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Ramping up for the biggest project I’ve ever undertaken has inspired me to look back at the beginning of my career to really assess what I’ve learned along the way.  I often find the difference between marginally successful people and extremely successful people is an ability to really integrate their life lessons to avoid mistakes they’ve already made and build on successes they already understand.  You may ask, ‘What does producing a play have to do with producing a feature film?’ Although the tasks seem very different, some important similarities stand out.  They are both long-form creative projects with a beginning, middle and an end that require a team of storytellers and crew to pull off.

I wrote “Fate of the Monarchs” as a 24-year old battling severe depression after a romantic let-down. I basically didn’t leave my studio apartment in Koreatown for about a month. After a couple days straight of watching ants take over my kitchen, I decided – for almost no discernible reason – to head to my local library branch. A striking image of a monarch butterfly wing on the book cover of “Four Wings and a Prayer” by Sue Halpern grabbed my attention. Within a few hours, the depression had started to shift as I learned that creatures with a one-inch body and three-inch wingspan traverse literally thousands of miles for reasons even scientists do not fully understand. The monarch migration served as the symbolic landscape of the journey of five interconnected men in search of spiritual meaning in my very first original play. I’m still extremely proud of the writing and what our team pulled off.

That said, I did some stupid stuff.  And some smart stuff.  Let’s start with the stupid.

Five Stupid Things I Did Producing my First Play:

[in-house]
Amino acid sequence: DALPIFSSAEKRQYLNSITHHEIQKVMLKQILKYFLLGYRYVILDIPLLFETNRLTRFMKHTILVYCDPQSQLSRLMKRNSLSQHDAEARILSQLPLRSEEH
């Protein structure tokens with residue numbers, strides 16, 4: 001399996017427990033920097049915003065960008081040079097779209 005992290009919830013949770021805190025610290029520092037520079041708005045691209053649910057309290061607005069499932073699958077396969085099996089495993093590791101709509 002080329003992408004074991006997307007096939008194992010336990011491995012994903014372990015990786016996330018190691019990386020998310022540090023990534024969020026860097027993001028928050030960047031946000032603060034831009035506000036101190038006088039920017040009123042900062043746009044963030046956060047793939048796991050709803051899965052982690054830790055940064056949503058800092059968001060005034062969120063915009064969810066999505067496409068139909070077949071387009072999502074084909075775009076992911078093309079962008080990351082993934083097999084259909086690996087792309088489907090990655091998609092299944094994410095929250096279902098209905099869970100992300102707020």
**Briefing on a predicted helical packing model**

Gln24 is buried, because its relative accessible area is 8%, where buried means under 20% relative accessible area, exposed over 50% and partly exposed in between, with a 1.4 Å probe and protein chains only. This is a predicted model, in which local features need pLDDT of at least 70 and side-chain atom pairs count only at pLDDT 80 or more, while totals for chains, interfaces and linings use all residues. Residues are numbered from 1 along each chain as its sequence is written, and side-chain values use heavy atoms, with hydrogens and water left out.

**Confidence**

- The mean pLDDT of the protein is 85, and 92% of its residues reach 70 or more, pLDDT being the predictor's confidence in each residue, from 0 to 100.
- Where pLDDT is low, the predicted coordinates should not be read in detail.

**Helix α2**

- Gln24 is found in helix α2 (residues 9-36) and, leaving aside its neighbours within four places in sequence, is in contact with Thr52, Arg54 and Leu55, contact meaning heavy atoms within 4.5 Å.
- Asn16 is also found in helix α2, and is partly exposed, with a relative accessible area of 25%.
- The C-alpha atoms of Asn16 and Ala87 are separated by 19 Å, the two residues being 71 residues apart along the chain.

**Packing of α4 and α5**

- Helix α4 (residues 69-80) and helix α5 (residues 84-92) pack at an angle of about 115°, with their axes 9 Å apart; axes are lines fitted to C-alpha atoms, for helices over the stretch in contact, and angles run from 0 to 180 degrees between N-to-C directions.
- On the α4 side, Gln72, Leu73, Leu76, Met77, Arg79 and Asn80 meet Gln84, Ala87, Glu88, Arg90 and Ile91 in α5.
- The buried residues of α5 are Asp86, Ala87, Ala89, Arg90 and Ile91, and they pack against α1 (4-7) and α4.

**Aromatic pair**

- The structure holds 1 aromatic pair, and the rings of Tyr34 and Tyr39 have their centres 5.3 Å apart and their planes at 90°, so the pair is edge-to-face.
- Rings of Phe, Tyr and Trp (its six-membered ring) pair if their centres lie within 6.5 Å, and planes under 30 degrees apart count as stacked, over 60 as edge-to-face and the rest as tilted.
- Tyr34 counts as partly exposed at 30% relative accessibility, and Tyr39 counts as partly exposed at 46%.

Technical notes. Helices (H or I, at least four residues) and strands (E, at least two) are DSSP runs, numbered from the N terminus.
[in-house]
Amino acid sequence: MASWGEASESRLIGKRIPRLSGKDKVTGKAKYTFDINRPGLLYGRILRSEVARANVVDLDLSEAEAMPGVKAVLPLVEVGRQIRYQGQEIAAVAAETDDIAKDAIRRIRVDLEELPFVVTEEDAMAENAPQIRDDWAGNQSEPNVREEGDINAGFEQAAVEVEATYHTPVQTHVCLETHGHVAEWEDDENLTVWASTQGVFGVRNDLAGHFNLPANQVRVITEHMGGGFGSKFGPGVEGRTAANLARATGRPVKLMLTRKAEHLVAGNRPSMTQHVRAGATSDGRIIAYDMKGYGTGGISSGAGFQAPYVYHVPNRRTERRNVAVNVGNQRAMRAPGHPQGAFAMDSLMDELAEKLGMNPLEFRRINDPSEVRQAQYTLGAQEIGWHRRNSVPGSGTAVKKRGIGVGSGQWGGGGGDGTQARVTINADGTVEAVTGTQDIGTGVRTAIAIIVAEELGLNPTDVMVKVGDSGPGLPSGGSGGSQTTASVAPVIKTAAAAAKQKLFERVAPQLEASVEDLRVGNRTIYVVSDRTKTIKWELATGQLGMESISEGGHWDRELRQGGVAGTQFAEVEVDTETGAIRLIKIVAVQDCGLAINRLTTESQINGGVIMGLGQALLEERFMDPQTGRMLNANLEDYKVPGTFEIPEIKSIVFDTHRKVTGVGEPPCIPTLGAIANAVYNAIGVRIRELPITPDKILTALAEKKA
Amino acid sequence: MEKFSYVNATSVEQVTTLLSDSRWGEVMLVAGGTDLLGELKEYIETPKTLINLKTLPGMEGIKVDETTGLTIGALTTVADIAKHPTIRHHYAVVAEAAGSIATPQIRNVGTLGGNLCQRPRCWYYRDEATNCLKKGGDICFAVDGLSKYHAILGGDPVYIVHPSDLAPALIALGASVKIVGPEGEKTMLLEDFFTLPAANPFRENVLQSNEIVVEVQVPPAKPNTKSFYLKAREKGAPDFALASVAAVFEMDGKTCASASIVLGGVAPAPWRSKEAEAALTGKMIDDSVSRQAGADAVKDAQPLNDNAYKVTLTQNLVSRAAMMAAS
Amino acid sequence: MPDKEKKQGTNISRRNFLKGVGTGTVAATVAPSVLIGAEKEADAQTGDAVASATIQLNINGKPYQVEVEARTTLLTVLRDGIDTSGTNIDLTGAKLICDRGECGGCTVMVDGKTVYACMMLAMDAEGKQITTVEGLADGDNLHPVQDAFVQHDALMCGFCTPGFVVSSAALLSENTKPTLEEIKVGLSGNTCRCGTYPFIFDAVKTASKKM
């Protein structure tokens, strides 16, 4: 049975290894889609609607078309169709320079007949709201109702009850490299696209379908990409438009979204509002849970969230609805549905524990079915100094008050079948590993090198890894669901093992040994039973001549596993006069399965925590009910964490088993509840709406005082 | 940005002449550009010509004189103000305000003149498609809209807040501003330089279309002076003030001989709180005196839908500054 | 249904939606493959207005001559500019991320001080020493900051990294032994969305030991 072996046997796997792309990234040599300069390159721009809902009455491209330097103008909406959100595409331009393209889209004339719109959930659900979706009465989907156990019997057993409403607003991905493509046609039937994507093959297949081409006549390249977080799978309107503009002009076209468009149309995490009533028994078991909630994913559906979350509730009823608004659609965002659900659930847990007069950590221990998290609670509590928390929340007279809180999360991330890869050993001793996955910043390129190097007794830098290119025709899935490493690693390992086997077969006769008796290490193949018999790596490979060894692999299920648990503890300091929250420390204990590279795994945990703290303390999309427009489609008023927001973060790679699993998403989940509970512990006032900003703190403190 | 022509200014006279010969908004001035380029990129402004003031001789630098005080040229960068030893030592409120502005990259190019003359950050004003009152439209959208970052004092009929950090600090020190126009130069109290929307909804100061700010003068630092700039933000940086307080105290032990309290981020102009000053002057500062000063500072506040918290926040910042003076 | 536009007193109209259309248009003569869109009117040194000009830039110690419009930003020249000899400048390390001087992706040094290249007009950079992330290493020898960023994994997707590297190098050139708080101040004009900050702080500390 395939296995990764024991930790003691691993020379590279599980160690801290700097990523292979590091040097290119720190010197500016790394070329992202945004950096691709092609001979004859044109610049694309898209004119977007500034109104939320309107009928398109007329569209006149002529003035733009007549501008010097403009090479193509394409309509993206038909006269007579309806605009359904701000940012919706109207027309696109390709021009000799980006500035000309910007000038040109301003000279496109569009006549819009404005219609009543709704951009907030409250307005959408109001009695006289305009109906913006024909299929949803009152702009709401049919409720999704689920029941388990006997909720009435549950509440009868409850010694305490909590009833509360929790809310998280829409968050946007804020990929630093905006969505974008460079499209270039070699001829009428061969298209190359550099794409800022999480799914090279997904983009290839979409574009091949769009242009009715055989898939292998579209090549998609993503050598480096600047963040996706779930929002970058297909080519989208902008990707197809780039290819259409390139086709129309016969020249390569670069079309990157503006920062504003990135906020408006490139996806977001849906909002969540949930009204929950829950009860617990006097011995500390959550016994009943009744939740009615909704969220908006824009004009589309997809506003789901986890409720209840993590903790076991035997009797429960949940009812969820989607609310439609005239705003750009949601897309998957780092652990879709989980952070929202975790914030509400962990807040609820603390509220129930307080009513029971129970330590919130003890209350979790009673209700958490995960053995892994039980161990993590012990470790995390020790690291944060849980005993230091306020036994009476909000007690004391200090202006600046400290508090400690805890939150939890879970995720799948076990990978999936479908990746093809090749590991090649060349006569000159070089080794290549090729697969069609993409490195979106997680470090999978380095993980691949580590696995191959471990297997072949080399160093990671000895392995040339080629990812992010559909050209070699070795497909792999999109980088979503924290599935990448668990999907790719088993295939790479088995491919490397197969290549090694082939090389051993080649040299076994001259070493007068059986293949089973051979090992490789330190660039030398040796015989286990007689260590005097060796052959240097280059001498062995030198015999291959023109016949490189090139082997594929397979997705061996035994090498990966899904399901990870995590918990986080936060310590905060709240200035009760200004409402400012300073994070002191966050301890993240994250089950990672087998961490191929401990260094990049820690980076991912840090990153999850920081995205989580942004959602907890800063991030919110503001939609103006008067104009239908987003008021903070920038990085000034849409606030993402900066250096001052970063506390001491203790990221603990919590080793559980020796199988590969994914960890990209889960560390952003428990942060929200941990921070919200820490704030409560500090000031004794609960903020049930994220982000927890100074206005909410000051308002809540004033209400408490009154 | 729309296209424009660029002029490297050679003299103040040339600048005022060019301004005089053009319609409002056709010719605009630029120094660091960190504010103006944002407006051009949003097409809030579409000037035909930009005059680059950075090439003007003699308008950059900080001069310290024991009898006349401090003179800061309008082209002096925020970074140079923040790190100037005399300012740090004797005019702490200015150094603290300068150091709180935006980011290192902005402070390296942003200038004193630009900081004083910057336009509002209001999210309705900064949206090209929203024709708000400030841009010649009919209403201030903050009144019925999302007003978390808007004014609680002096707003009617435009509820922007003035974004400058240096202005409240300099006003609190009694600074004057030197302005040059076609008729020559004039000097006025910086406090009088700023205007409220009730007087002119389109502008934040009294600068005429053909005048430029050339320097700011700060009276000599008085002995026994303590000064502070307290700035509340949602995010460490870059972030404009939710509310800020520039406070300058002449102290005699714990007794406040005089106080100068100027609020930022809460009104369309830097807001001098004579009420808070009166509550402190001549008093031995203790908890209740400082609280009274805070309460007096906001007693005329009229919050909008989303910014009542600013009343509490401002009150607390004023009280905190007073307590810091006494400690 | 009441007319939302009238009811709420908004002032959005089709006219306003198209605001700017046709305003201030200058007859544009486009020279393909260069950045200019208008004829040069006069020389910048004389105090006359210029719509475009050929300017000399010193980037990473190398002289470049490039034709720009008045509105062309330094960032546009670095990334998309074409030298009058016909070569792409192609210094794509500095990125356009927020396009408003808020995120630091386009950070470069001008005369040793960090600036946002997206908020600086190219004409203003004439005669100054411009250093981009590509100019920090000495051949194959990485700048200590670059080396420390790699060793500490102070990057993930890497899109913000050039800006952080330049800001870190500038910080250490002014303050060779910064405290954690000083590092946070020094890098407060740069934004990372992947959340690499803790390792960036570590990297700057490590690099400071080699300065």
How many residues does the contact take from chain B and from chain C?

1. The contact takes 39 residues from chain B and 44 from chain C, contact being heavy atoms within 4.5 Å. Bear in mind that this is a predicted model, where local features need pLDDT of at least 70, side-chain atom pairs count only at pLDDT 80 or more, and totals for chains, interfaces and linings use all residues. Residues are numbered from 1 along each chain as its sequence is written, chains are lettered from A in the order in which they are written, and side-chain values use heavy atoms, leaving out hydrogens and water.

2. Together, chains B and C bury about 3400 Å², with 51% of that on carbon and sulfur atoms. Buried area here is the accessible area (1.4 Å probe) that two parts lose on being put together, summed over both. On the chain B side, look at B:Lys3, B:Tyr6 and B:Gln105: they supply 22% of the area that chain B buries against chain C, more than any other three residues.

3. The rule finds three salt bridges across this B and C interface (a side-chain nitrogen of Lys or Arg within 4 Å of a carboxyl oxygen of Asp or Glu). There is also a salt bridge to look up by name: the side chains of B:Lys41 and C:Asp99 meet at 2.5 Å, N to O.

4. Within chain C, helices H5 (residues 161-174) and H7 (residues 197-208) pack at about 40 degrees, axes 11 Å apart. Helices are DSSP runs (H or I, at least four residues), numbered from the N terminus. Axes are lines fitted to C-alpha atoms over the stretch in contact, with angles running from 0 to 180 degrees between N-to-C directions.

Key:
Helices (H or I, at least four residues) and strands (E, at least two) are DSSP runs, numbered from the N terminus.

1.  Not Giving My Director Enough Credit – Back then, my manager-at-the-time Al Trombetta referred me to Cody Bayne when I started looking for a director for the piece. Cody started a theatre collective in his home state of Tennessee and still creates amazing themed events for different bars around town in addition to working as a painter, writer and film producer. He came onboard the project and had a brilliant idea to include a multi-media element into the piece (more on this in the smart section).  Anyway, let’s cut to when the show came out. Cody – very reasonably – asked me to make it explicit in the press release that he came up with the idea for the multi-media aspect. I drug my feet on it out of pretty much sheer ego. Then a brilliant review came out which basically gave me credit not only for great writing and acting, but also for the multi-media aspect of the show. I immediately felt so much shame. Later that day, I changed the press release per Cody’s request and apologized to him. Luckily, Cody’s an amazing man and forgave me and we went on to share a great friendship as well as working relationship. Even in doing a spiritual piece, I’m not excluded from a rush of ego wanting more, more, more. All artists should be aware of this. It is a dark aspect of being an artist that most of us need credit and validation, especially because our job is so difficult and – very often – so underpaid. But making sure other collaborators get their due is part of being a responsible artist. This is one lesson I learned the hard way by messing up and overreaching.